By Madhusmita Das
How far do you think a book can impact you? I am sure every ardent book lover has asked themselves this question at least once. I know I have! There have been books which definitely had the power to change my perspective of things; just as there had been books which made me think of nothing else at the time. But to actually find a book which talks about just this is an entirely different experience. Shadow of the Wind does just that!
It was intrigue which made me pick up this book from the topmost shelf of the library. Frankly, I had not heard of Carlos Ruiz Zafon before Shadow of the Wind. Zafon starts off on a slightly mysterious note as he talks about an 11 year old boy, Daniel, taking a trip to a very “obviously fictitious” library (kind of) with his father. Unlike many works of fiction, the tone makes you know that this is what the book is all about. (Well, the tone and the obvious fact that “Cemetery of Forgotten Books” is actually mentioned!) But this does not deter you from delving further into the protagonist’s life, which actually is changed drastically (an understatement) post the unconventional trip. Daniel picks up a book “Shadow of the Wind”, which does not at all seem unusual at first glance, but which gradually impacts (rather directs) every action of his. Daniel becomes captivated by the book’s story and narration and seeks out more works by the author of Shadow of the Wind. He fails to find any more read, instead, finds himself dragged into a labyrinth of secrets and shadows in everyday life. And at times walks a very thin line between fiction and reality. As the book finally concludes, mostly on a predictable note, it makes you think back at what you just read; it will amaze you that the entire work revolves around the impact a single book had on a young boy of 11!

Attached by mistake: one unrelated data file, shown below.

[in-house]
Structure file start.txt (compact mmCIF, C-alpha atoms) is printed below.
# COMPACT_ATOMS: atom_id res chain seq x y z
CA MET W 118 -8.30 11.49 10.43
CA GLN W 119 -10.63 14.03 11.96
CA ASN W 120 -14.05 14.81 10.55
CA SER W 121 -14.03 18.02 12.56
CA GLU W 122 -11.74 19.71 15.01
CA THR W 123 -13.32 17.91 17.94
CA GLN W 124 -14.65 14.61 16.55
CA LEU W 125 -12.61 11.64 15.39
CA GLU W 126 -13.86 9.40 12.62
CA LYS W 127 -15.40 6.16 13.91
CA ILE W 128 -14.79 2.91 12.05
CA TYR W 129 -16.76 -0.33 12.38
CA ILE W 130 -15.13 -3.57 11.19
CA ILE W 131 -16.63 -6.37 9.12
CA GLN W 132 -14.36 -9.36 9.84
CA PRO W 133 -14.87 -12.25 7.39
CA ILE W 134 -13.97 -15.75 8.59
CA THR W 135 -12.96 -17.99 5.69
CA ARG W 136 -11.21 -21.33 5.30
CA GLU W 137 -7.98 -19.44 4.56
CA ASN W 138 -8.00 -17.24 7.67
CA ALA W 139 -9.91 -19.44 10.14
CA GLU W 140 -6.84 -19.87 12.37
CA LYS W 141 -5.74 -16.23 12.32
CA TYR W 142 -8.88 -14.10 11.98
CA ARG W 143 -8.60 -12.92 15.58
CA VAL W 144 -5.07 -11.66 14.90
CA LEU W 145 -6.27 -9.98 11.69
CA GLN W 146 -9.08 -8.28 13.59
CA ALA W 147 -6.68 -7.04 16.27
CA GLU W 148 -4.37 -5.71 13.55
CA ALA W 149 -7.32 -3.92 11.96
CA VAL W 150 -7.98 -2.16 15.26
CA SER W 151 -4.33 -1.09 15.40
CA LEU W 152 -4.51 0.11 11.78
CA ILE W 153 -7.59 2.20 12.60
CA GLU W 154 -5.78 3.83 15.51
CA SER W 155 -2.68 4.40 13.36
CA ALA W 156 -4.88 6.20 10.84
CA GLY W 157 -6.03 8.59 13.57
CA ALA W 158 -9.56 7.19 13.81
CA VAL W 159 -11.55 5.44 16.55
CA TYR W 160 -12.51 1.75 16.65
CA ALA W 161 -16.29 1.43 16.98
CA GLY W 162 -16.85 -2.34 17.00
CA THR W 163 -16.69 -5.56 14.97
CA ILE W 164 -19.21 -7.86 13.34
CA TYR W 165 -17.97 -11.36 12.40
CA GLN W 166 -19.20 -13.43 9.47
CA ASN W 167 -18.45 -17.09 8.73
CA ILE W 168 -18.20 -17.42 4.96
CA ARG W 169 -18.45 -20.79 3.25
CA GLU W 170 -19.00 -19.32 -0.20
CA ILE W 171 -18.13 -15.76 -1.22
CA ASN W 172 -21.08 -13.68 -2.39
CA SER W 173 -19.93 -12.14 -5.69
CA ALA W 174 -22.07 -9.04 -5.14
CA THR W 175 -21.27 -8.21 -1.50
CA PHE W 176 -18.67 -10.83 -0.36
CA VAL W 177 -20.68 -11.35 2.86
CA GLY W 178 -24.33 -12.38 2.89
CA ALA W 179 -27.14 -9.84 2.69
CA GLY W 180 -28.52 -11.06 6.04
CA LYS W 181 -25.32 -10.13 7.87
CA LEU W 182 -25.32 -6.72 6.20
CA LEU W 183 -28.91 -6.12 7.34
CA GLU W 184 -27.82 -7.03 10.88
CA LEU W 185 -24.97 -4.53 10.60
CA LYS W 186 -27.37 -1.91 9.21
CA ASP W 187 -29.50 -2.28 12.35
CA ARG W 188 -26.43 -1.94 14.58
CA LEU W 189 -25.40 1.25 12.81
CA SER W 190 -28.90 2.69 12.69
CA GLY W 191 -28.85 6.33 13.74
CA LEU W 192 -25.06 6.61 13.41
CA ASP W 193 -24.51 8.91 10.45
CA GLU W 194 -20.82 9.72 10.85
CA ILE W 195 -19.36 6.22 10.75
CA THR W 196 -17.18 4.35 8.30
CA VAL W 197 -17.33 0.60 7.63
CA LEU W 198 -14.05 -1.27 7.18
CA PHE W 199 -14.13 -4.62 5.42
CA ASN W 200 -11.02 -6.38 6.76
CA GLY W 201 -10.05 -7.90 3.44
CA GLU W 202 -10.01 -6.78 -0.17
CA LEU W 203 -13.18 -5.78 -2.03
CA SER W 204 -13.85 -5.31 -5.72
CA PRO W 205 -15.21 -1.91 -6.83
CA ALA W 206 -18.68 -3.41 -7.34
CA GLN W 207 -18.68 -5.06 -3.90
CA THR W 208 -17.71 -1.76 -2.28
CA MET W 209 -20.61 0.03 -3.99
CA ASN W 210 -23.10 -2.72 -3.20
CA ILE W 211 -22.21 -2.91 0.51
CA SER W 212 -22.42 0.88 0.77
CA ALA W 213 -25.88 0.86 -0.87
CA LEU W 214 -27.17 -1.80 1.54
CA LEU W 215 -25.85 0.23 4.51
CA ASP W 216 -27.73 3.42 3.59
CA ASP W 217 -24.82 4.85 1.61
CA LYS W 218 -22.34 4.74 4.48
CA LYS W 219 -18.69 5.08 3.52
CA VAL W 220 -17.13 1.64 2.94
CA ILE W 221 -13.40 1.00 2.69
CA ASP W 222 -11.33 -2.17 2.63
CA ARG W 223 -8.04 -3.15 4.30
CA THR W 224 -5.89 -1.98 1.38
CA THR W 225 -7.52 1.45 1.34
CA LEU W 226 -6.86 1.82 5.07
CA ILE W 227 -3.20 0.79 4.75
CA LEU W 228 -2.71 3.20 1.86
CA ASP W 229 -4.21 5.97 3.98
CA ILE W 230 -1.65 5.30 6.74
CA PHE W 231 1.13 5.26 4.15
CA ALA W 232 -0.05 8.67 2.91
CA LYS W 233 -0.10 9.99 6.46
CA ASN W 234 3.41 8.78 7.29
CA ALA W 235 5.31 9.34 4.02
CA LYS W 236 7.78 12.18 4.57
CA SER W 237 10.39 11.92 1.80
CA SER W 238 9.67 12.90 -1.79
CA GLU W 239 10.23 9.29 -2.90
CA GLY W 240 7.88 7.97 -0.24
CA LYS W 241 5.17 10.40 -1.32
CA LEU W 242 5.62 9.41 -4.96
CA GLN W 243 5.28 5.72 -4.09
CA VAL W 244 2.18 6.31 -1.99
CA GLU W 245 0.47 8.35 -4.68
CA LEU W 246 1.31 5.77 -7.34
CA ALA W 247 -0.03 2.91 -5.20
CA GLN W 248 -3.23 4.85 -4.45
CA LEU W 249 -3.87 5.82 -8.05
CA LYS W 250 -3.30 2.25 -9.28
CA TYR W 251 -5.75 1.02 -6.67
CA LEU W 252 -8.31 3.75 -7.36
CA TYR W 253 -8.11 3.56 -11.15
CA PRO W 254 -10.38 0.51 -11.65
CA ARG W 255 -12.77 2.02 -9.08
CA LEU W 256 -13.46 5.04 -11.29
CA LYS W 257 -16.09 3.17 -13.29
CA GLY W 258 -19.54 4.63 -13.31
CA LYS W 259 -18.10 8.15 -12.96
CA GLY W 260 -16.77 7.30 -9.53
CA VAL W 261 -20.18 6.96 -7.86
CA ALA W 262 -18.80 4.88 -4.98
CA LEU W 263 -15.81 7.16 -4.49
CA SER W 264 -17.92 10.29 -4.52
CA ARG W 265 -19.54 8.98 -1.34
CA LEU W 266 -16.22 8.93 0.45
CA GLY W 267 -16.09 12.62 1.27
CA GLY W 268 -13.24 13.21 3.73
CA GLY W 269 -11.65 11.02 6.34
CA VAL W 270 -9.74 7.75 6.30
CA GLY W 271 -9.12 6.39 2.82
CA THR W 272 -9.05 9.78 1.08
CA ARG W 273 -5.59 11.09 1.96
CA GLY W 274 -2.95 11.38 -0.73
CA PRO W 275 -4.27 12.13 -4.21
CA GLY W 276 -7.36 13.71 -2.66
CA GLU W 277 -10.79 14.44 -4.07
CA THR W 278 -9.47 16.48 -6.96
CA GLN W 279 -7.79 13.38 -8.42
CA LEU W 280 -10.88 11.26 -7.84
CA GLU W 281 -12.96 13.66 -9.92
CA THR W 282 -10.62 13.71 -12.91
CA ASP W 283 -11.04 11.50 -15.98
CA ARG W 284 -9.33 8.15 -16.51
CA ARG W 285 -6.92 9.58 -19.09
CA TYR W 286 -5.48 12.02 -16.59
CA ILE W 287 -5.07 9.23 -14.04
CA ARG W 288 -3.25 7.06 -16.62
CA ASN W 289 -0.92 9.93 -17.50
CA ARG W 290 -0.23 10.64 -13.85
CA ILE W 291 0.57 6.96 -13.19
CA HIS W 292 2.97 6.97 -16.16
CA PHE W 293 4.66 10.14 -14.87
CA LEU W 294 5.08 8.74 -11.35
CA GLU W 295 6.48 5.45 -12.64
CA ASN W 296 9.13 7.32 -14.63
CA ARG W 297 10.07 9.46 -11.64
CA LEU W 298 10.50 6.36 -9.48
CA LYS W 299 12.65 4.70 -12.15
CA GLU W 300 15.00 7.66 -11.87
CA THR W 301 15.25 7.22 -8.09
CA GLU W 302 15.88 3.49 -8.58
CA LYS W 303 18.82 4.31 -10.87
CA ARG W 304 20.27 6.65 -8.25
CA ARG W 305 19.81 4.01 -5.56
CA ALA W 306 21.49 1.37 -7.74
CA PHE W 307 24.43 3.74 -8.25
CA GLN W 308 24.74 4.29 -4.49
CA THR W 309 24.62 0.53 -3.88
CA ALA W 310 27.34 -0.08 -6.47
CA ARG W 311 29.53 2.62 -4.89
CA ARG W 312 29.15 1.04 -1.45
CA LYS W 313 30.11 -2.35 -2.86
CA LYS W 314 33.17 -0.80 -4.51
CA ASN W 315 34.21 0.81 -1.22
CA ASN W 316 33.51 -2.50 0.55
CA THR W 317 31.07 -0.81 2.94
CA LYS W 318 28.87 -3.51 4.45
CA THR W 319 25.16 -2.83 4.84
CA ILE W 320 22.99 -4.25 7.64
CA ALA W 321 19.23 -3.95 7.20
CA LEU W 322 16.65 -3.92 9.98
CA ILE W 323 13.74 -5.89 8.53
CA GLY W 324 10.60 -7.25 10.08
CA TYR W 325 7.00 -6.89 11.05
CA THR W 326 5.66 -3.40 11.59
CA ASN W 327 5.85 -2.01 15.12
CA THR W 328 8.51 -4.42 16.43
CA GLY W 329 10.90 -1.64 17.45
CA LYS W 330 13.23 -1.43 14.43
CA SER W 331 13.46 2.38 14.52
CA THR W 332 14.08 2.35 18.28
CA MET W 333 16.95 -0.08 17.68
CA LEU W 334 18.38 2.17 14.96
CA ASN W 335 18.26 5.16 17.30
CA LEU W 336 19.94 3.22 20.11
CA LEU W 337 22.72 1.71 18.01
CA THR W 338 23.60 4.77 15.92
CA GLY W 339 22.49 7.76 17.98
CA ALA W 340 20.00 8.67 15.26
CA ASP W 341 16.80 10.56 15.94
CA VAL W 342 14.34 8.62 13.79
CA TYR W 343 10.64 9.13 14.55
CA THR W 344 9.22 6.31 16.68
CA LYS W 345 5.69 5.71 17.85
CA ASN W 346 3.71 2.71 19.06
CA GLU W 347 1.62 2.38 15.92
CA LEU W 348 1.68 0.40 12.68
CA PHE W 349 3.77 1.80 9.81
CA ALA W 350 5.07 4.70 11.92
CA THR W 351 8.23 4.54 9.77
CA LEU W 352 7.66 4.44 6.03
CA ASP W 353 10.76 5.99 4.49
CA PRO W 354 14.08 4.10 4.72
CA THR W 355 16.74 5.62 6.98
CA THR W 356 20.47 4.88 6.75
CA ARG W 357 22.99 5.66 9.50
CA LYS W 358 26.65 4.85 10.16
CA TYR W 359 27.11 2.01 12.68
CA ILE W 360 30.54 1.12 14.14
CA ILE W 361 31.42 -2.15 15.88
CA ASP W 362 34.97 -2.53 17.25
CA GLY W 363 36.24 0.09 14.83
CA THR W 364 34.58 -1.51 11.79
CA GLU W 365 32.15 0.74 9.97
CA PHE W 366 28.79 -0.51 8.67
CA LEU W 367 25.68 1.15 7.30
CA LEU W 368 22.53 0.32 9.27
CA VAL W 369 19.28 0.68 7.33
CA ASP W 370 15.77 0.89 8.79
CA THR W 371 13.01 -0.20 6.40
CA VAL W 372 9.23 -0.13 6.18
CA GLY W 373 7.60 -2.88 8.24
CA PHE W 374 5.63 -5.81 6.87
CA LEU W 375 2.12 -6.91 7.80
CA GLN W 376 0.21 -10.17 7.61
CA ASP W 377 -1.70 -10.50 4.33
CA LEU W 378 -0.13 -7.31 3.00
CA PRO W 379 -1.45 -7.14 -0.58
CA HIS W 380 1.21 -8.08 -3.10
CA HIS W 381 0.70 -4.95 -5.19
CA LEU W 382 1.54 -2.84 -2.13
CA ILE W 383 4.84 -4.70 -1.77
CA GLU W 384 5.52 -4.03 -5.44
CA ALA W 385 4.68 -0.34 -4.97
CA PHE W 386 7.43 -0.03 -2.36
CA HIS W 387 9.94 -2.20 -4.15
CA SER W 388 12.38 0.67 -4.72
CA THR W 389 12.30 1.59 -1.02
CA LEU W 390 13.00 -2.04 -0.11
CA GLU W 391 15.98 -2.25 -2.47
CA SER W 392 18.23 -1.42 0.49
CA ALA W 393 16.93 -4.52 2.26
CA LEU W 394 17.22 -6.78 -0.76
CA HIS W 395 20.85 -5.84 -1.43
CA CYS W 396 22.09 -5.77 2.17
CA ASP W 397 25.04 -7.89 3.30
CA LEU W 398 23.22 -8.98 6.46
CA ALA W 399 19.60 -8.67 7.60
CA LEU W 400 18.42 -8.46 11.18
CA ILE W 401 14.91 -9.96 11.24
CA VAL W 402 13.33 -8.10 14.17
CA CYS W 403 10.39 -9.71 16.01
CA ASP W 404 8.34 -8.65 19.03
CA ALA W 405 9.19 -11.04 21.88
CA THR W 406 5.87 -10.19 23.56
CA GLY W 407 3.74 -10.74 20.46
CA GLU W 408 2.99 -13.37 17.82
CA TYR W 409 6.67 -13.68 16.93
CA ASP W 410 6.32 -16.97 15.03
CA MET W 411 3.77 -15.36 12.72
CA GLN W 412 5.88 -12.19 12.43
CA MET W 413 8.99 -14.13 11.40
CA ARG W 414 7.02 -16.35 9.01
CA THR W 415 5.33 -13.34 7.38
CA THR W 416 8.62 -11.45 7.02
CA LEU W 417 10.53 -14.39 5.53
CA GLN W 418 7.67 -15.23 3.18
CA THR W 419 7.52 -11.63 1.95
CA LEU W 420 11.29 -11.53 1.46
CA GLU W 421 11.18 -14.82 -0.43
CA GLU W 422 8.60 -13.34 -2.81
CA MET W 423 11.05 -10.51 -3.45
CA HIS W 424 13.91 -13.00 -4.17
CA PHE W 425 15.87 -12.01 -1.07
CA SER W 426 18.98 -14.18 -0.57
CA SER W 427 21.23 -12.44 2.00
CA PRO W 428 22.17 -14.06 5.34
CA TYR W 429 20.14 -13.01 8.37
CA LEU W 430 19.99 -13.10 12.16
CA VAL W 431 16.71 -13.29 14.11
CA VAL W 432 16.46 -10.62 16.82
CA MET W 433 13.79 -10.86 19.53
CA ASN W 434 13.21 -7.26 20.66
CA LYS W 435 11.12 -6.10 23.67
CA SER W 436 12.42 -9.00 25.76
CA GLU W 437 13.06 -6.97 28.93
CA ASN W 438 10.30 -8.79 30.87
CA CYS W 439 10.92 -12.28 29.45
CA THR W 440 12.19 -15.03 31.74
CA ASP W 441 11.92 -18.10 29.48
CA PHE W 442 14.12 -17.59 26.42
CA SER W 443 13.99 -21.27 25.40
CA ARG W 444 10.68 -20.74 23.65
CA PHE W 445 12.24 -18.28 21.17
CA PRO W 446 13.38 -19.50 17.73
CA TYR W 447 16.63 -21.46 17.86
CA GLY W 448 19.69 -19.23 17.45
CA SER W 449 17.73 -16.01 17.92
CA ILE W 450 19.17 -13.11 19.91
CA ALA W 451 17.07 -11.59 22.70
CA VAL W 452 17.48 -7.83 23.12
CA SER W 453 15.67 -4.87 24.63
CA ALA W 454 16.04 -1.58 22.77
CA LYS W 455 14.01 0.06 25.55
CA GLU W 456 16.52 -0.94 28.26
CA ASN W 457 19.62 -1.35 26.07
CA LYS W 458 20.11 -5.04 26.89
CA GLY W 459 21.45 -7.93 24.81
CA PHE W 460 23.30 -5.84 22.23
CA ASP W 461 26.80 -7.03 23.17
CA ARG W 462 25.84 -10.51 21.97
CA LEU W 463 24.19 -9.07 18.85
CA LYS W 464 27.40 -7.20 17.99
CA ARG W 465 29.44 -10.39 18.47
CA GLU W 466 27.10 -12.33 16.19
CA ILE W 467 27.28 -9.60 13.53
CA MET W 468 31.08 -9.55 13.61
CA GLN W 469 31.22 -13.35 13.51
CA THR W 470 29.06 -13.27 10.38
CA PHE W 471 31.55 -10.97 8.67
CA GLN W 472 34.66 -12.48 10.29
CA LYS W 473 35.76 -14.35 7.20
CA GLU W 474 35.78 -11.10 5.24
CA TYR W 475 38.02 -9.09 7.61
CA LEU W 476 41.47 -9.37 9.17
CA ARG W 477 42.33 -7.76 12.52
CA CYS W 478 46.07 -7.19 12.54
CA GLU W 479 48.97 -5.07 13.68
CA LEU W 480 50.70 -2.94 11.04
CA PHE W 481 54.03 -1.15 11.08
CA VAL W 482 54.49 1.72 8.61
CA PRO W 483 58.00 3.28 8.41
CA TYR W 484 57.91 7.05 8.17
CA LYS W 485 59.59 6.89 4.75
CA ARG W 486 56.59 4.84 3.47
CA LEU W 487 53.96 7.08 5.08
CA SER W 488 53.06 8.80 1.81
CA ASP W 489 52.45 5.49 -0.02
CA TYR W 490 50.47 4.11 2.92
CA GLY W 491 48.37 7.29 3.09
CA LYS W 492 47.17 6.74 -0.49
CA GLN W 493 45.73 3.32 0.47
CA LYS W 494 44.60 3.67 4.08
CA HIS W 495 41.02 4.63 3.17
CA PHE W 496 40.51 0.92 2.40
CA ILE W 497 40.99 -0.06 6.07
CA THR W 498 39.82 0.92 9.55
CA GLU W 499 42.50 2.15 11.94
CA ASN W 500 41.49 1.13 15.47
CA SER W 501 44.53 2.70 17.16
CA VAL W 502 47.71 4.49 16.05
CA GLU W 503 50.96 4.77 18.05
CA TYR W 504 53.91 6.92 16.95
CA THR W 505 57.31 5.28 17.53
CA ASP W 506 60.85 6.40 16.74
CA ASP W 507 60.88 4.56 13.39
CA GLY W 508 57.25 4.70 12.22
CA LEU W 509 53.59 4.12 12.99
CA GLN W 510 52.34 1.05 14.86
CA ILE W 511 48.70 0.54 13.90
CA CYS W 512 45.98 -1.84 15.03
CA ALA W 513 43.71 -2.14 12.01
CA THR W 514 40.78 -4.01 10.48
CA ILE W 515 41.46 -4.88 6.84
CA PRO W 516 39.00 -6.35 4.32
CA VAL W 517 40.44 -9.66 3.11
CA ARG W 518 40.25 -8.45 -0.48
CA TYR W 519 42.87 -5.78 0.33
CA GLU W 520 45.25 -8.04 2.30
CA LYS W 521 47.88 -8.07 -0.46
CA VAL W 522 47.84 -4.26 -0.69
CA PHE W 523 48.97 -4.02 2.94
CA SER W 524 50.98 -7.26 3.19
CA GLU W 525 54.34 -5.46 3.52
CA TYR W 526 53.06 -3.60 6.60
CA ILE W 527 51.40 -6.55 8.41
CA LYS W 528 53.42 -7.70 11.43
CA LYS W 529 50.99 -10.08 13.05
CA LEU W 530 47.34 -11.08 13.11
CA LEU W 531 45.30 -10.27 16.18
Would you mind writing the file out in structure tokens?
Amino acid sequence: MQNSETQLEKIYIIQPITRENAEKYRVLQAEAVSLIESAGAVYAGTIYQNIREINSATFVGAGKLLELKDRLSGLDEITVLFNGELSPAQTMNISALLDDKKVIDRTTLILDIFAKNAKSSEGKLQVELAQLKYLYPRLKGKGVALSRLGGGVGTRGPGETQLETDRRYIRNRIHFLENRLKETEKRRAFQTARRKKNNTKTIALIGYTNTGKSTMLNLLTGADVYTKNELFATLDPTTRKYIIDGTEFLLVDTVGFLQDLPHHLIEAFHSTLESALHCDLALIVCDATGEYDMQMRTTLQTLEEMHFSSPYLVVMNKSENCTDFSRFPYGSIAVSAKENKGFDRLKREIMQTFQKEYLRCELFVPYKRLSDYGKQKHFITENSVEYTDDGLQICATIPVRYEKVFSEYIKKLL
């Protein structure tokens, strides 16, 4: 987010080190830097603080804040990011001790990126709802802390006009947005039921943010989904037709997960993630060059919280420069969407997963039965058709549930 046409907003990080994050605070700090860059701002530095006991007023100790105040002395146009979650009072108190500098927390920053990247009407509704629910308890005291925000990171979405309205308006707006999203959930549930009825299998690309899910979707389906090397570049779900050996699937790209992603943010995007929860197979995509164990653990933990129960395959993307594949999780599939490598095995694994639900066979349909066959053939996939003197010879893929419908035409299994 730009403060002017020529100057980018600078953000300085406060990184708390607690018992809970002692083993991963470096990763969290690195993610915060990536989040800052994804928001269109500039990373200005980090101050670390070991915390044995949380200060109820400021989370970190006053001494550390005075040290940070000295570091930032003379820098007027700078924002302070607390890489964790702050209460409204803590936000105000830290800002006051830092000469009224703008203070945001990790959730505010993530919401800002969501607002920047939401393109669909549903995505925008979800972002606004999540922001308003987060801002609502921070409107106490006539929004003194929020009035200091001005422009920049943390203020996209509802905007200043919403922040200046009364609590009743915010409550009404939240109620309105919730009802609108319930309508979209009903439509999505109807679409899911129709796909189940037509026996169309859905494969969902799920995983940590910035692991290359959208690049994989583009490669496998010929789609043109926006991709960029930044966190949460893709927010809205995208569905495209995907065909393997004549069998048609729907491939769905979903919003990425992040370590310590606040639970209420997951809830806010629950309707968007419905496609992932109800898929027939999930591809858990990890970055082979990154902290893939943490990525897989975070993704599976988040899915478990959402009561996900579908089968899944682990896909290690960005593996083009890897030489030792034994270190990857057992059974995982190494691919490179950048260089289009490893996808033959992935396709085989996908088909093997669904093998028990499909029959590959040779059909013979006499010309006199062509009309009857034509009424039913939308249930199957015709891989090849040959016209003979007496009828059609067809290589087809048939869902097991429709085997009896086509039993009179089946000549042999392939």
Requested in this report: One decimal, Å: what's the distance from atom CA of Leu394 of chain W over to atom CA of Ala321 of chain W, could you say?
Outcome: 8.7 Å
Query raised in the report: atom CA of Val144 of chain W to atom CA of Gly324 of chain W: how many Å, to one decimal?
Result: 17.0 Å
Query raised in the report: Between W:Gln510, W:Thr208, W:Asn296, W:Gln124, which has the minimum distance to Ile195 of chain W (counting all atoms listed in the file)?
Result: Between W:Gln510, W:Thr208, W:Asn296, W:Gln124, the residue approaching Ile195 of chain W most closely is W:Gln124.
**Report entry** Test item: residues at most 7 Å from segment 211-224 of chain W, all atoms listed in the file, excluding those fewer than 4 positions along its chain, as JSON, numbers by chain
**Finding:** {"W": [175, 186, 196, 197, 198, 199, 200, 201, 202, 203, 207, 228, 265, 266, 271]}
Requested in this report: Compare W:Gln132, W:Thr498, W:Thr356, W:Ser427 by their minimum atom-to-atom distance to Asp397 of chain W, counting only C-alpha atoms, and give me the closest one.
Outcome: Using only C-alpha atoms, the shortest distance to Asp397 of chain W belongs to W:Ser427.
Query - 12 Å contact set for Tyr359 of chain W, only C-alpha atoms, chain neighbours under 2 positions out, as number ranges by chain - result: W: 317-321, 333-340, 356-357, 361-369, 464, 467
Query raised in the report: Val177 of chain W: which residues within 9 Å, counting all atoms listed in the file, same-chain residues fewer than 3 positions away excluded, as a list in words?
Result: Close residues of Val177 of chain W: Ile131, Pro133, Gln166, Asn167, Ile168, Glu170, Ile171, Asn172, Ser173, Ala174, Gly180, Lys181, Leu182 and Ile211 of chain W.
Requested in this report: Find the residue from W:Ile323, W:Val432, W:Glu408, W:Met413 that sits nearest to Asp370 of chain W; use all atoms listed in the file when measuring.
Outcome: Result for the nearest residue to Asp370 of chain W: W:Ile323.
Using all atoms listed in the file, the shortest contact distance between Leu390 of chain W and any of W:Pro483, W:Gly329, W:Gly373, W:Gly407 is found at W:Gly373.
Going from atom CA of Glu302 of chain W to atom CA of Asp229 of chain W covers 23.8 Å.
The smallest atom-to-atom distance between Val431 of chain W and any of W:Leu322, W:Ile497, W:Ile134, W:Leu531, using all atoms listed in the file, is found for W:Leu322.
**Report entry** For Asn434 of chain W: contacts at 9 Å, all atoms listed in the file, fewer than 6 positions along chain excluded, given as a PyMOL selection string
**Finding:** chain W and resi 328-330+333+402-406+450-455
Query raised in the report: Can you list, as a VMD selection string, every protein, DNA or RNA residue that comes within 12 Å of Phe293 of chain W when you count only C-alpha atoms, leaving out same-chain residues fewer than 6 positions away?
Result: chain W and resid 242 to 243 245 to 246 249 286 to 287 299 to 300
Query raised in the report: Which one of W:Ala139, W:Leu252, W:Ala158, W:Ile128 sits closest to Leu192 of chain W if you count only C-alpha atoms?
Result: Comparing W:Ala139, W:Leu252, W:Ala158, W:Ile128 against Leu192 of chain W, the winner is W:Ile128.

Leaving aside the predictability quotient of the book (which actually becomes apparent once you are more than halfway into the book), Zafon has succeeded in making a captivating read by merely through simplicity – be it the language, the characters or the plot. The characters, even though each has their own back story, never become larger than the book – this is what makes it endearing. The read in itself will take you in a captivating journey with each of the characters and you will witness the moment with them; and as you end the read, what remains with you is this journey and not any character. As for the storyline, well, Zafon has successfully mixed simplicity with unconventional which keeps you asking – why, how! He just put the concept of Occam’s Razor to a very subtle use!
Even though Shadow of the Wind is a translation from its Spanish original, it does not lose its touch of originality and makes you live in the streets of post war Barcelona. I have tried not to delve too much into the story as I would recommend you read it for yourself. If you like an unconventional read, this definitely is a brilliant pick. I am sure it will make you think!About the writer: Madhusmita is a Business Process Consultant with a leading IT firm; She enjoys a good read as much as a sunny day by the beach. Raised in the town of Barpeta, she is currently based out of London.
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